Our calves burned and we were breathing heavily; both of us a little nervous but excited. We communicated well, checking in with one another frequently and decided together which would be the best route to pursue.
We made it to the top of the first climb in 30 minutes. From here we skirted around a puddle and climbed up another shorter incline.
At the top our mouths dropped. There in front of us was a huge beautiful lake set in a bowl of boulders. The clear blue water of Cecile Lake glistened in the sunlight.
There was one person setting up camp and a family with 2 kids under the age of 5 scampering up the rocks toward us.
Laurie told the youngest one she was doing a great job. She smiled and said thanks. When asked where they were coming from she replied “Portland.”
Gotta love how literal kids are!
We were utterly impressed by this family. It helped settle our nerves to know that kids did what we were about to do.
We boulder hoped around the east side of the lake. It was difficult to choose a path but we took our time using our hands more than our poles.
As we neared the outlet we found a faint trail and followed it down a massive scree field. Below us was Iceberg Lake. Quite possibly our new favorite lake in the Sierra.
Unfortunately we couldn’t admire the lake as we stared at our feet as we mindfully placed each foot to prevent from sliding on the loose rock. We could see a trail in a meadow at the far end of the lake.
Looking at the trail was not helpful since there was at least a half mile of loose rocks between us and the trail. Laurie kept reminding herself to focus on the 10 feet in front of her.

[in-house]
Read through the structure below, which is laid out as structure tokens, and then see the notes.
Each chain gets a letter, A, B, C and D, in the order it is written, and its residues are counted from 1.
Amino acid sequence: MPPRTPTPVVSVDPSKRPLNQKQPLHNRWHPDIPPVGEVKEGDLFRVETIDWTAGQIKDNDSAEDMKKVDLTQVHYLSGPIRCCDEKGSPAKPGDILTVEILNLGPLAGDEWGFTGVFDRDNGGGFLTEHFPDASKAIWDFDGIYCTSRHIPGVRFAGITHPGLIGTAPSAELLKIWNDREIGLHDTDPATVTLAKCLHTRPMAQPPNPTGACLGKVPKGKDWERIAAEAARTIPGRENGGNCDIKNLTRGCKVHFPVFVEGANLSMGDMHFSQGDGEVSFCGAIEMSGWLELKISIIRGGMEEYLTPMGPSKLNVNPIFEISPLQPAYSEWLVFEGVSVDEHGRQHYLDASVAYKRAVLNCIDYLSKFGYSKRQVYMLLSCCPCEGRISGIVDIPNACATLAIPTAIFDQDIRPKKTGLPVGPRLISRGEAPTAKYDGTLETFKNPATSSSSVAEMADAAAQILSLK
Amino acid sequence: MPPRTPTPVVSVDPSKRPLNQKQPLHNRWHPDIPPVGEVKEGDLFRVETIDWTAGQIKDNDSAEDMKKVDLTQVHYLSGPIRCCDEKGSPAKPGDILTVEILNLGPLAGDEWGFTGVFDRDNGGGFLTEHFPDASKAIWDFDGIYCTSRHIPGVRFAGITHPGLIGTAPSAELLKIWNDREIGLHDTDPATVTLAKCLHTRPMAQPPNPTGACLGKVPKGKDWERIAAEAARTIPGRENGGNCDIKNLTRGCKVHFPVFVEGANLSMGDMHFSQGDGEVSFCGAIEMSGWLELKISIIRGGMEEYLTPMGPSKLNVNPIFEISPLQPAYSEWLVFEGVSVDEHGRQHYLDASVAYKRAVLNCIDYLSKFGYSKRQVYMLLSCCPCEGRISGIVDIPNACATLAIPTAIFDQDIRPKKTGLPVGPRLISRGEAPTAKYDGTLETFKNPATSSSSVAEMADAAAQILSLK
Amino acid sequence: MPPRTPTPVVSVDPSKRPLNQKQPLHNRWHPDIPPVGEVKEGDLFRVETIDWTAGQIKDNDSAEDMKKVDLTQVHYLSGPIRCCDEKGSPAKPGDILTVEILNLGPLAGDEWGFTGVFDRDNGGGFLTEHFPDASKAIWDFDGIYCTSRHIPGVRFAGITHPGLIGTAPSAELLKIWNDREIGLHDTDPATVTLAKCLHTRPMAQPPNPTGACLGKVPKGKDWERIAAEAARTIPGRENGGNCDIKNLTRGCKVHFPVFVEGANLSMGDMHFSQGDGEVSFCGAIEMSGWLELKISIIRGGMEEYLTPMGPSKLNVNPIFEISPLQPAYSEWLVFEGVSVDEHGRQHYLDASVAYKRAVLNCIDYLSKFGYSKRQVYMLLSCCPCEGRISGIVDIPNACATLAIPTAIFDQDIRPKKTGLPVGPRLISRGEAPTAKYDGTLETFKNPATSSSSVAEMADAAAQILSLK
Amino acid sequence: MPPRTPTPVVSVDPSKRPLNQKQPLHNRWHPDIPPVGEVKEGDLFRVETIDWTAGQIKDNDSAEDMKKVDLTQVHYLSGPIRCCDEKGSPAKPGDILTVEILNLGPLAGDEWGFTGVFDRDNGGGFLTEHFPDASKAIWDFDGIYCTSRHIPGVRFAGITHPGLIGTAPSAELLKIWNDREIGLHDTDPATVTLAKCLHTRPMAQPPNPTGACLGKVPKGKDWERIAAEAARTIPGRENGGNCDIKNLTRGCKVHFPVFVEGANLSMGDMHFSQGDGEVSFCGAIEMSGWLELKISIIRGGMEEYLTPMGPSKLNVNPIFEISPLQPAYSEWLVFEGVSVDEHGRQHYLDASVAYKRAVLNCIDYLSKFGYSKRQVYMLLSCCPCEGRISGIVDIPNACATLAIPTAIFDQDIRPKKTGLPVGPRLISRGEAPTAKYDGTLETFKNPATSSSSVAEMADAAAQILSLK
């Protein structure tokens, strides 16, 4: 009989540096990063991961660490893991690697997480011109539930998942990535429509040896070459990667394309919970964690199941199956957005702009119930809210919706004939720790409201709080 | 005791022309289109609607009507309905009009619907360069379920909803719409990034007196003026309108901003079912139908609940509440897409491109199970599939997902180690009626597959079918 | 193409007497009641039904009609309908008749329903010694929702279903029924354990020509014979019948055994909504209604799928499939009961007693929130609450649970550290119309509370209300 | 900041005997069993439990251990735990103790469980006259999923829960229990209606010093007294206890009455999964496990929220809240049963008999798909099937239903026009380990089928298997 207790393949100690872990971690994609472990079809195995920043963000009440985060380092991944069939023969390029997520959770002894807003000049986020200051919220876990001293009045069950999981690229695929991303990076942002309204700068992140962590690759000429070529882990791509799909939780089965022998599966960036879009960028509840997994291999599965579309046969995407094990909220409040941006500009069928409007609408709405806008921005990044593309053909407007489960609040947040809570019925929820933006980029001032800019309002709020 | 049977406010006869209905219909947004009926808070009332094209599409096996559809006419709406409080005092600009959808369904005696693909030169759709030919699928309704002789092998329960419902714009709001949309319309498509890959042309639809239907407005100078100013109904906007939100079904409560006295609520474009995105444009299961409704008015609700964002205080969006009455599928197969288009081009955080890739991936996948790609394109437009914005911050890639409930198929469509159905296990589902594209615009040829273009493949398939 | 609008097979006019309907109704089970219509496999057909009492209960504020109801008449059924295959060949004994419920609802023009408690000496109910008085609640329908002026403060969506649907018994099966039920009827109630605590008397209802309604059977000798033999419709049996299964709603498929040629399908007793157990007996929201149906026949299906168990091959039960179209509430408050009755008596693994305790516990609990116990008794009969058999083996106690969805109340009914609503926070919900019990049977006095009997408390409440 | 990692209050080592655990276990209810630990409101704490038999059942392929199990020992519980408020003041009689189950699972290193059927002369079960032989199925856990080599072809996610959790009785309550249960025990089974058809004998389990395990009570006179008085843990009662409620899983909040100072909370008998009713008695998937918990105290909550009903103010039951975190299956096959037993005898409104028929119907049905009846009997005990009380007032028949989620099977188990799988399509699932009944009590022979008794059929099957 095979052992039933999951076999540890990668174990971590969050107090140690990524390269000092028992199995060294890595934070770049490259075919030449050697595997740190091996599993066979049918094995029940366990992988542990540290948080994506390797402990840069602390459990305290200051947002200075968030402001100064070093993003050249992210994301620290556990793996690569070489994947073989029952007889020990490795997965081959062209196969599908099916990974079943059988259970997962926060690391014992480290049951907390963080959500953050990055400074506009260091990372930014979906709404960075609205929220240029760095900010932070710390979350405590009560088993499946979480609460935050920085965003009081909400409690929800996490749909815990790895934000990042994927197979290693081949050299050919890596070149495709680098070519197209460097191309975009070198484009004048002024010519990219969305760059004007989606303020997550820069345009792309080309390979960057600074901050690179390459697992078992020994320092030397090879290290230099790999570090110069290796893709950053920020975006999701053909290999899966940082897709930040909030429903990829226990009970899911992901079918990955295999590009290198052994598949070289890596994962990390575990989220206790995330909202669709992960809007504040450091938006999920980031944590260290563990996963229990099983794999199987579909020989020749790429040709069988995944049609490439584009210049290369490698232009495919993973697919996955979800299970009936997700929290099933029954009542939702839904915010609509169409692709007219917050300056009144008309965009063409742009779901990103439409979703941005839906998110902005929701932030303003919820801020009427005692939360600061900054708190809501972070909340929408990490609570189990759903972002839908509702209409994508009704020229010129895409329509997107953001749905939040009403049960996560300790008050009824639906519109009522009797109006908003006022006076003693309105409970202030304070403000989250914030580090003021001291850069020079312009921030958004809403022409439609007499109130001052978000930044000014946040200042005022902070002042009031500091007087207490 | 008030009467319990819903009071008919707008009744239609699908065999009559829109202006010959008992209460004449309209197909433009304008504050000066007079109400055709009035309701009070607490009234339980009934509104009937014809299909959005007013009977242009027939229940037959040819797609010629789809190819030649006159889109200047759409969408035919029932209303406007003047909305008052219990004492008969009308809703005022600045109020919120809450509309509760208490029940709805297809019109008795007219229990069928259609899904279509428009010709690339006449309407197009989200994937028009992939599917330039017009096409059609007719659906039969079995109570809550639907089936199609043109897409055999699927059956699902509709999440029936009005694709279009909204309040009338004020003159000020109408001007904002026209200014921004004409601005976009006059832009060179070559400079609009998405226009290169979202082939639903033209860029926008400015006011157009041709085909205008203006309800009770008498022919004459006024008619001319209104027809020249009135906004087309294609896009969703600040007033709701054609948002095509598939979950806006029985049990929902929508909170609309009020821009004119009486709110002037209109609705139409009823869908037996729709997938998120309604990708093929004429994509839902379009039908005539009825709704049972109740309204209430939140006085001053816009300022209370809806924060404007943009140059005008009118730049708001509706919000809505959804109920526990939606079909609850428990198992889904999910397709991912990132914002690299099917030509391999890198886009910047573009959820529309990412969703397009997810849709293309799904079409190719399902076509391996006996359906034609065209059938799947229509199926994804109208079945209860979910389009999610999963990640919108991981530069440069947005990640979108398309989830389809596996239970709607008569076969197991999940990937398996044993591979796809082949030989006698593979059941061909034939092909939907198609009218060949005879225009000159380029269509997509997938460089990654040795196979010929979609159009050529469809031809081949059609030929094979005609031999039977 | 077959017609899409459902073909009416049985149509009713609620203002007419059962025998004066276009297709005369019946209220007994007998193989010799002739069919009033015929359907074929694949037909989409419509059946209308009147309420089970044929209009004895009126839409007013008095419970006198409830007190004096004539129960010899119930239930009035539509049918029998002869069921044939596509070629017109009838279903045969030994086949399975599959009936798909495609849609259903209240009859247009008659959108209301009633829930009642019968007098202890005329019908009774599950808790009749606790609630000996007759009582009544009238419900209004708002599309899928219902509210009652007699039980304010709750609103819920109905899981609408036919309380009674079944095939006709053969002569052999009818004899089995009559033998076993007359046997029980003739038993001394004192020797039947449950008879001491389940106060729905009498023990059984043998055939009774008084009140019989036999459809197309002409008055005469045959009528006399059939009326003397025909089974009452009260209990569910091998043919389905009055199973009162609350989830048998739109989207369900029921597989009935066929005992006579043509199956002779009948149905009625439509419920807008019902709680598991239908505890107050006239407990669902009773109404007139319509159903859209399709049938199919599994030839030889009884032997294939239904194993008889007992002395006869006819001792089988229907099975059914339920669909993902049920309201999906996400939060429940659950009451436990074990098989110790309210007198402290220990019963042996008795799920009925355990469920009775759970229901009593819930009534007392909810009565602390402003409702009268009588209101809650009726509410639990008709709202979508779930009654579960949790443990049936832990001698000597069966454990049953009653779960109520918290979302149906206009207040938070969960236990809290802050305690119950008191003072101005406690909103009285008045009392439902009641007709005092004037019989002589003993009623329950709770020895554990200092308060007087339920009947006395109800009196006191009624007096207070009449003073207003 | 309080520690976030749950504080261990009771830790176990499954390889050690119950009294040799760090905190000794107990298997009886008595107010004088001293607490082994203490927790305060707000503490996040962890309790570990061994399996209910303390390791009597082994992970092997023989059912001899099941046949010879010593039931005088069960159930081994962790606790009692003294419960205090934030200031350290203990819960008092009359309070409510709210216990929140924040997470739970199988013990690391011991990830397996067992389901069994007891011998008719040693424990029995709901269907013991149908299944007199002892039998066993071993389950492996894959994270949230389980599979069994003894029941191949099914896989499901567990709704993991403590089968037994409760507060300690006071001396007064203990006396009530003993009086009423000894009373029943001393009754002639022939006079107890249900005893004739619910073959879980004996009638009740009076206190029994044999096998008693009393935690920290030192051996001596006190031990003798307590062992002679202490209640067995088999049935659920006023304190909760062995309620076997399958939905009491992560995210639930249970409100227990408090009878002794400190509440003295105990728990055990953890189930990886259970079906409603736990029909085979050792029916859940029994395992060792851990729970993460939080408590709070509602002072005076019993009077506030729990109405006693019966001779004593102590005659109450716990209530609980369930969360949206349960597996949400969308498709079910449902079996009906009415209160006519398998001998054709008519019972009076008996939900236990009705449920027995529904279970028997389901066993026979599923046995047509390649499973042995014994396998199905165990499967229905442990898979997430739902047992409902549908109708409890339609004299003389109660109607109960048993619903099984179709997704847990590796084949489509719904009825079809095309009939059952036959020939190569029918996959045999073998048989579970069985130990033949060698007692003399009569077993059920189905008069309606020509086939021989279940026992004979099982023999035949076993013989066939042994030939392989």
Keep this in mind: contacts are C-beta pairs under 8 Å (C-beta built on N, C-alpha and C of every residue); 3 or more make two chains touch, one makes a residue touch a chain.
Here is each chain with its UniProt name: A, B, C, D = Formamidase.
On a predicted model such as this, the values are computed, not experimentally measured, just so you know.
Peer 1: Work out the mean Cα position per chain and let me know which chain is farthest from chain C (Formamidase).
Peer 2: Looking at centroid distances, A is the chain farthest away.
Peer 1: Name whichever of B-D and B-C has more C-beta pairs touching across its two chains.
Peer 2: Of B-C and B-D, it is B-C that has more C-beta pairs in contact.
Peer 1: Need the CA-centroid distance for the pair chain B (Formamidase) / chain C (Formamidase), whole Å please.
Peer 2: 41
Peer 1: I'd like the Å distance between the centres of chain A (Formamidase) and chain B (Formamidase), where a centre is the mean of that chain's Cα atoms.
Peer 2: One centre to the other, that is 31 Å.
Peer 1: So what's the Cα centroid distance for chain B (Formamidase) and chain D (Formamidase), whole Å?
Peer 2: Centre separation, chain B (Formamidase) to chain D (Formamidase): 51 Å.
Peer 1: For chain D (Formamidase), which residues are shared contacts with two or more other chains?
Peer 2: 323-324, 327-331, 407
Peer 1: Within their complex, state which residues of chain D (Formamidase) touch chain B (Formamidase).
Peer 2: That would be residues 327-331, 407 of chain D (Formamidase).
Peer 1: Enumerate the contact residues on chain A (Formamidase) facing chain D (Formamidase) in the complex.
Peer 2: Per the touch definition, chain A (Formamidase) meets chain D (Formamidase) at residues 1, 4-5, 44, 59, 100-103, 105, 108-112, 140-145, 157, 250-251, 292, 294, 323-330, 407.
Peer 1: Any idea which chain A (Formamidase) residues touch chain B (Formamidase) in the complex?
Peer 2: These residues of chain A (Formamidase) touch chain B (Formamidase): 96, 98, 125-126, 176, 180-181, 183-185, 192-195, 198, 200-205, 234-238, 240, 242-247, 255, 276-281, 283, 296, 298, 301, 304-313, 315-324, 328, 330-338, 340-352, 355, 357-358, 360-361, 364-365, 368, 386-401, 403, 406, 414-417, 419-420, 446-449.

Like in life, it is nice to have a goal or direction but often all we can change is the near future. And today in this boulder field, the near future were the rocks 10 feet in front of us.
Eventually we made it through. The sun had dipped behind one of the rocky spires of The Minarets, creating sections of shade.
Once in the meadow we looked back at where we had come from. It looked like a scree wall, not something either of us would consider attempting to scramble up had we not known there was a trail.
We had planned to hike all the way to Ediza Lake but this lake was too nice to leave. Plus, we figured Ediza was easier to get to and would probably have more people.
We washed our feet and faces in the lake and since the water wasn’t too cold, Laurie dunked her entire body in. While initially chilly, a quick dip at the end of the day is quite refreshing.
We ate dinner on a rock watching the last evening light leave the western tip of the rocky spires.
This lake is magical. Laurie felt happy and carefree. We wish there was a way to come to this happy place more often.
The fresh air, stary sky and quiet days have a way of making our hearts feel full and spirits high. We both hope we can hold onto a little bit of this when we return to jobs and city life. Or perhaps, we may end up moving out of the city to a place that allows us to feel this serenity.
Who knows. As for now, we will savor these sensations and emotions.
Tonight we are grateful for unexpected cross country adventures and new lakes.